The recent departure of director Charles Saumarez Smith from the National Gallery will be the Royal Academy’s gain, but it also highlights a deepening malaise within the National museum and gallery sector in the UK. This stems from two related factors—a decline in the quality of many trustee appointments and a growing tendency on the part of boards, especially chairs of boards, to meddle in matters that should be solely within the executive remit of the director. These factors can be traced back to the decision of the Department of Culture, Media and Sport (DCMS), newly formed by the Labour Government in 1997, to democratise and popularise the operation of existing boards of trustees. The trouble with this laudable intention was that it involved the virtual exclusion from the appointment process of the most important players in the game, namely the museums and galleries themselves. The views of directors and existing board members have been routinely ignored over the last decade, resulting in the appointment of numbers of politically correct “luvvies”, with little knowledge and less understanding of the institutions to which they have been appointed.
It would of course be wrong to imply that there have been no good trustee appointments in recent years; indeed, there have been some excellent ones, but this is more by luck than judgement and is balanced by a number of alarmingly bad ones. I remember the late [fashion designer] Jean Muir saying that the essential qualification for anyone involved with the V&A (where she was a trustee) was that they must love the museum with a consuming passion, but these days many trustees do not appear to love (or even be very familiar with) the institutions they serve and instead almost seem to take perverse pleasure in damaging them.
Despite a supposed new openness (eg edited board minutes posted on the internet), the way in which our great arts institutions operate is now even more opaque than it was ten years ago. Most of the key discussions go on behind closed doors, directors are not always party to policy decisions and the views of the senior staff are seldom considered.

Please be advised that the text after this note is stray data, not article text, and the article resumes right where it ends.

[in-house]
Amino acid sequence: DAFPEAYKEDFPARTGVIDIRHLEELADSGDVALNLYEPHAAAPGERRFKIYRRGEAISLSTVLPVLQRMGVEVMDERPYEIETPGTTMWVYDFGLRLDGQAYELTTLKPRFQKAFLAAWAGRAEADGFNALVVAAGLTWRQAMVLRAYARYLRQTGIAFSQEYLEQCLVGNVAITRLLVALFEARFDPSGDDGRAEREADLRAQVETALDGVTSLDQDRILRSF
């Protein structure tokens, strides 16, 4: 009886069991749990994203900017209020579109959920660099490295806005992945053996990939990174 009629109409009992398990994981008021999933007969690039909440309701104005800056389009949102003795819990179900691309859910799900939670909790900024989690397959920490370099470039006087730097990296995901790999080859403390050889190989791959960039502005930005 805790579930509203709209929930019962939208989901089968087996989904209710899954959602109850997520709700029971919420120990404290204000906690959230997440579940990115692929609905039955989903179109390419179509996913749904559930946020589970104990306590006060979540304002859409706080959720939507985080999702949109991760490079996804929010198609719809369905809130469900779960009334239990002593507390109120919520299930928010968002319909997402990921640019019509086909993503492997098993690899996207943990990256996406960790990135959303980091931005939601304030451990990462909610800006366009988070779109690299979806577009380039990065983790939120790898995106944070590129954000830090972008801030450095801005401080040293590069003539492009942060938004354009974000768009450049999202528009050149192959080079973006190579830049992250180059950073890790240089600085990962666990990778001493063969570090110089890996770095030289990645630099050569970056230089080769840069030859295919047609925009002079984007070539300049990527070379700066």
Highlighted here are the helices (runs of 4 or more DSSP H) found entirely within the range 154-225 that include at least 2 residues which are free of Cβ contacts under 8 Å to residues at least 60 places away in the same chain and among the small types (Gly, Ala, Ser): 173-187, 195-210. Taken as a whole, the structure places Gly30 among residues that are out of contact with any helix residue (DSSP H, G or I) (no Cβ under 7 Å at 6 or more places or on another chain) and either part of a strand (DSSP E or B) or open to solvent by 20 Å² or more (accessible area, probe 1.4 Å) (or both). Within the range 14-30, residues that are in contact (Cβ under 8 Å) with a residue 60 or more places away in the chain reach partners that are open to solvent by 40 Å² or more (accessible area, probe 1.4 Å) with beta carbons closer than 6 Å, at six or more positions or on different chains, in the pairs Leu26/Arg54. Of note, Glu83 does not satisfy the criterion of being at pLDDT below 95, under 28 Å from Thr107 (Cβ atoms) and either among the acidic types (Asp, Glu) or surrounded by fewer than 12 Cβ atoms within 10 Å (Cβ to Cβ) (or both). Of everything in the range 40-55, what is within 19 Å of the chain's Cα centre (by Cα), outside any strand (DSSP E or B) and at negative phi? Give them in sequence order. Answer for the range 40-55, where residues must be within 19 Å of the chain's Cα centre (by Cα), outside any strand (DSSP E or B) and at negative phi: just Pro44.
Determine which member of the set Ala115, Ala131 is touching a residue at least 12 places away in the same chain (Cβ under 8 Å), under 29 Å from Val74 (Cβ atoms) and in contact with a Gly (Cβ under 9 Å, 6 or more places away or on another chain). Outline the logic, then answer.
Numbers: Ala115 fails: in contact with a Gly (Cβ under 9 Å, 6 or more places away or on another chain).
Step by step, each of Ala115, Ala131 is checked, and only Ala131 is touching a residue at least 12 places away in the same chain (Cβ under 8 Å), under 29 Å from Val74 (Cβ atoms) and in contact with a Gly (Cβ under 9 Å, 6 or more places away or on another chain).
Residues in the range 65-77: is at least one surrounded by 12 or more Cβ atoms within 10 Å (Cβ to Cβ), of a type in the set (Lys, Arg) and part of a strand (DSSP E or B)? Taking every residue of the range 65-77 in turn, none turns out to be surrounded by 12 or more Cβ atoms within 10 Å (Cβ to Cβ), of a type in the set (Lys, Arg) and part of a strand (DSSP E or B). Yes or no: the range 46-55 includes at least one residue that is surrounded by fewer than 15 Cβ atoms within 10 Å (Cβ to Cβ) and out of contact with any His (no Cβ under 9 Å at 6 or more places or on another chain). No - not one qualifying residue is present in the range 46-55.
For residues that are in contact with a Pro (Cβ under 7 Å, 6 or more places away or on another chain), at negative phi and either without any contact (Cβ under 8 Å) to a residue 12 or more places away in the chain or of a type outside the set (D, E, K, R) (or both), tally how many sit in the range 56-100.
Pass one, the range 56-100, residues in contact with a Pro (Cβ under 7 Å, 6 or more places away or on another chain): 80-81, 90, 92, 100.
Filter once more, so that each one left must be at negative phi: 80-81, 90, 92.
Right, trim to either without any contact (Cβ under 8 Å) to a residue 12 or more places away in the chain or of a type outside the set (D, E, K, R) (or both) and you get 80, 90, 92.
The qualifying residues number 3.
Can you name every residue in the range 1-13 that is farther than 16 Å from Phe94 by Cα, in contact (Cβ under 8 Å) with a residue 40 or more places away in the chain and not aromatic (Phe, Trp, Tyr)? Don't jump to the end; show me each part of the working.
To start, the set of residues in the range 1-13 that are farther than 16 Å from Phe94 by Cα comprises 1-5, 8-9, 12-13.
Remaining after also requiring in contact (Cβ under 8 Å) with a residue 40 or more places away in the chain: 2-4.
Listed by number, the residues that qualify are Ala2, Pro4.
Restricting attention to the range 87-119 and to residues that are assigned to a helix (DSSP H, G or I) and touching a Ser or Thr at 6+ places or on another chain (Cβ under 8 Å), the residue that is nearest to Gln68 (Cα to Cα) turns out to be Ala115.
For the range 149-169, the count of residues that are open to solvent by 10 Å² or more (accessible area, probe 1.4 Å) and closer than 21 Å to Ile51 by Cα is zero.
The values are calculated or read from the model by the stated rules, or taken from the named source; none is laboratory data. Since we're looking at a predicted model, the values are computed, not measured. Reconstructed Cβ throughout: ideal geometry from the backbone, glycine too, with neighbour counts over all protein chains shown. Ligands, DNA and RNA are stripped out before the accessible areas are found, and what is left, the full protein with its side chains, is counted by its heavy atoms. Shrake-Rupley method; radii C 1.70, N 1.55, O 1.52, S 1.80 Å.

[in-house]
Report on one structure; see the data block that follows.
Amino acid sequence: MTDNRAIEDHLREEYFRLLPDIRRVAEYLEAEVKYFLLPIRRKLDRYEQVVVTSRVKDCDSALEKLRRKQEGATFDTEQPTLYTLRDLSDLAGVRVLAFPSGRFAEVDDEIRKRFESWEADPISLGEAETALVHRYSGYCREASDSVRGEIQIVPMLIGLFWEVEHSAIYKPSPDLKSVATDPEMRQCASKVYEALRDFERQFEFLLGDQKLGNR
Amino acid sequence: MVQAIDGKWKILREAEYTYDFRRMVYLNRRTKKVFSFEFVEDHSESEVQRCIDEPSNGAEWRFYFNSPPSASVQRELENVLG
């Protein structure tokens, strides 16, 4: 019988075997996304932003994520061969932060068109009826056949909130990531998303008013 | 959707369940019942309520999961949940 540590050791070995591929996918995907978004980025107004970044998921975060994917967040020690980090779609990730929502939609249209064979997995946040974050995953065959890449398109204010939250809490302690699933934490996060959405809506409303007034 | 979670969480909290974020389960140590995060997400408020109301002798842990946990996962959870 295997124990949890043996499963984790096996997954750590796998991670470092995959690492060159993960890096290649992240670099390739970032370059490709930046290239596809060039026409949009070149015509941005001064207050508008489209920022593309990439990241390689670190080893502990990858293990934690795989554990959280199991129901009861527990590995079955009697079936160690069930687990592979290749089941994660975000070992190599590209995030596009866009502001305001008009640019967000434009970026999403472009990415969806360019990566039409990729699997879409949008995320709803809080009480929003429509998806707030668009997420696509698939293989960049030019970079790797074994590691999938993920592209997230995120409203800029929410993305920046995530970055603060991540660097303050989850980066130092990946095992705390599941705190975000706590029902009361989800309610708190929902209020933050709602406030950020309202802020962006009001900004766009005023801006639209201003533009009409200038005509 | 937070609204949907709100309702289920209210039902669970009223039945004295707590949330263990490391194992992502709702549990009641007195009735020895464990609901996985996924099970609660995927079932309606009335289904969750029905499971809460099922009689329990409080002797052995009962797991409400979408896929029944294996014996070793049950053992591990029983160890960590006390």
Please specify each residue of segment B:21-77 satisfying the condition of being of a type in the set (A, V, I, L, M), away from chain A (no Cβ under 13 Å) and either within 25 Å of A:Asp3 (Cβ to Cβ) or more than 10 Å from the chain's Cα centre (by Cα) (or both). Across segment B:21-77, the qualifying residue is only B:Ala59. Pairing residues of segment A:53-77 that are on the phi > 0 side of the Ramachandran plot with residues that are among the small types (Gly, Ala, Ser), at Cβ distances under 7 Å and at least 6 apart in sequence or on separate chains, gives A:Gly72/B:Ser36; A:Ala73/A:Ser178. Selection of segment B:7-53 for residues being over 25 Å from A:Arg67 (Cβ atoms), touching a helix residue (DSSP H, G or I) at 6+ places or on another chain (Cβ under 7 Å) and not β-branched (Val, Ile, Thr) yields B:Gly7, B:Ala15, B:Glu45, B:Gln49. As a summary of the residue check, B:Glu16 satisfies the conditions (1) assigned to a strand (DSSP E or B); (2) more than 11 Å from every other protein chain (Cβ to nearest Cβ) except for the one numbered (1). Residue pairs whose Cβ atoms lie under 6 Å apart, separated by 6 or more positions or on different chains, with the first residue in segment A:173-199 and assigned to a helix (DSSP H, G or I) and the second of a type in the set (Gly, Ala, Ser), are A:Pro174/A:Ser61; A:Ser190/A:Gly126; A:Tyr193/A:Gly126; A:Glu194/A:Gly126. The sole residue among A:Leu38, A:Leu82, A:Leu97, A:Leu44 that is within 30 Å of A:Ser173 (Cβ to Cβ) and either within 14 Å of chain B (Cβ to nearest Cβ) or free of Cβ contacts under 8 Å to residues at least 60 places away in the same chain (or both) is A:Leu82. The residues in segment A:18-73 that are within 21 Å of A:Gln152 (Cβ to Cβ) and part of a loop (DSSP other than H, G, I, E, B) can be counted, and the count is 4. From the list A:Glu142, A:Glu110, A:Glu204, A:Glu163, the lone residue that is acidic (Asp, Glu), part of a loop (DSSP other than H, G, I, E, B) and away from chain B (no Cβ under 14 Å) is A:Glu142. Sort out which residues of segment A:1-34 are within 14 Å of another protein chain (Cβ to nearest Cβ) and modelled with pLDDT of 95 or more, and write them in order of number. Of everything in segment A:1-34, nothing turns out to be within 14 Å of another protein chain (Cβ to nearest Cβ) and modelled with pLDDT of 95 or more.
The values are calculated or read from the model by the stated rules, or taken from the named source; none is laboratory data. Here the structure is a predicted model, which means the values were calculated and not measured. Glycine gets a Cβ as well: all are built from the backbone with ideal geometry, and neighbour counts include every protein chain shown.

The damage that may result was illustrated by the ill-fated Spiral project at the Victoria and Albert Museum (V&A). When I joined the museum in 1995, the chairman was Lord Armstrong, who has been regularly but wrongly maligned by critics of the reforms carried through by my predecessor, Elizabeth Esteve-Coll. Whatever may be said about Robert Armstrong, he is a figure of substance and influence, with a genuine love of the arts. To his great credit, he backed the selection of Daniel Libeskind to design the Spiral and through his leadership brought the entire board onside. This allowed us to go forward with confidence, obtain planning permission against the odds and raise pledges of over 50% of the funding required. The project could and should have gone ahead at that point, but Lord Armstrong’s successor, Paula Ridley, who had previously been chair of Tate Liverpool, was little known in London art circles and did not have the confidence of potential funders. Her lack of commitment to the Spiral transferred itself to the board, where the few remaining doubters now gained the upper hand. The Heritage Lottery Fund (HLF), which has subsequently been blamed for not supporting the project, has an uncanny nose for sniffing out board dissension and, once they found it at the V&A, they were quite justified in turning the scheme down.
The recent decision to close the Theatre Museum would appear to be a further instance of a lack of vision and leadership on the part of the V&A board, with the HLF being used once again as the fall-guy.
The original concept of a board of trustees, operating at arm’s length from government, and made up largely of “the great and the good” has been discarded. The old system had its faults, but on the whole it worked extremely well and, on the “if it ain’t broke don’t fix it”, principle should have been left alone. What has replaced it is certainly no better. Today, too many trustees regard sitting on or chairing a board as a way of enhancing their own reputation, ignoring the fact that their role should be a non-executive one.
One specific advantage of the old system was that the trustees themselves normally appointed a chairman from within their own ranks. In some institutions, notably the British Museum and the Imperial War Museum, this right is enshrined in the founding constitution, and so has survived attempts by DCMS to usurp it. The method has the advantage that potential chairmen can first be appointed as trustees, allowing their judgement and quality to be assessed before they are elected to a position of leadership. Unless we get back to something like this system, properly qualified candidates with the necessary range of skills, combined with the passion for the place that Jean Muir rightly identified as essential, are likely to become the exception rather than the rule for those who aspire to govern our great national arts institutions.
The writer was director of the Victoria and Albert Museum, London, from 1995 to 2001 and is currently chairman of the Foundling Museum, London.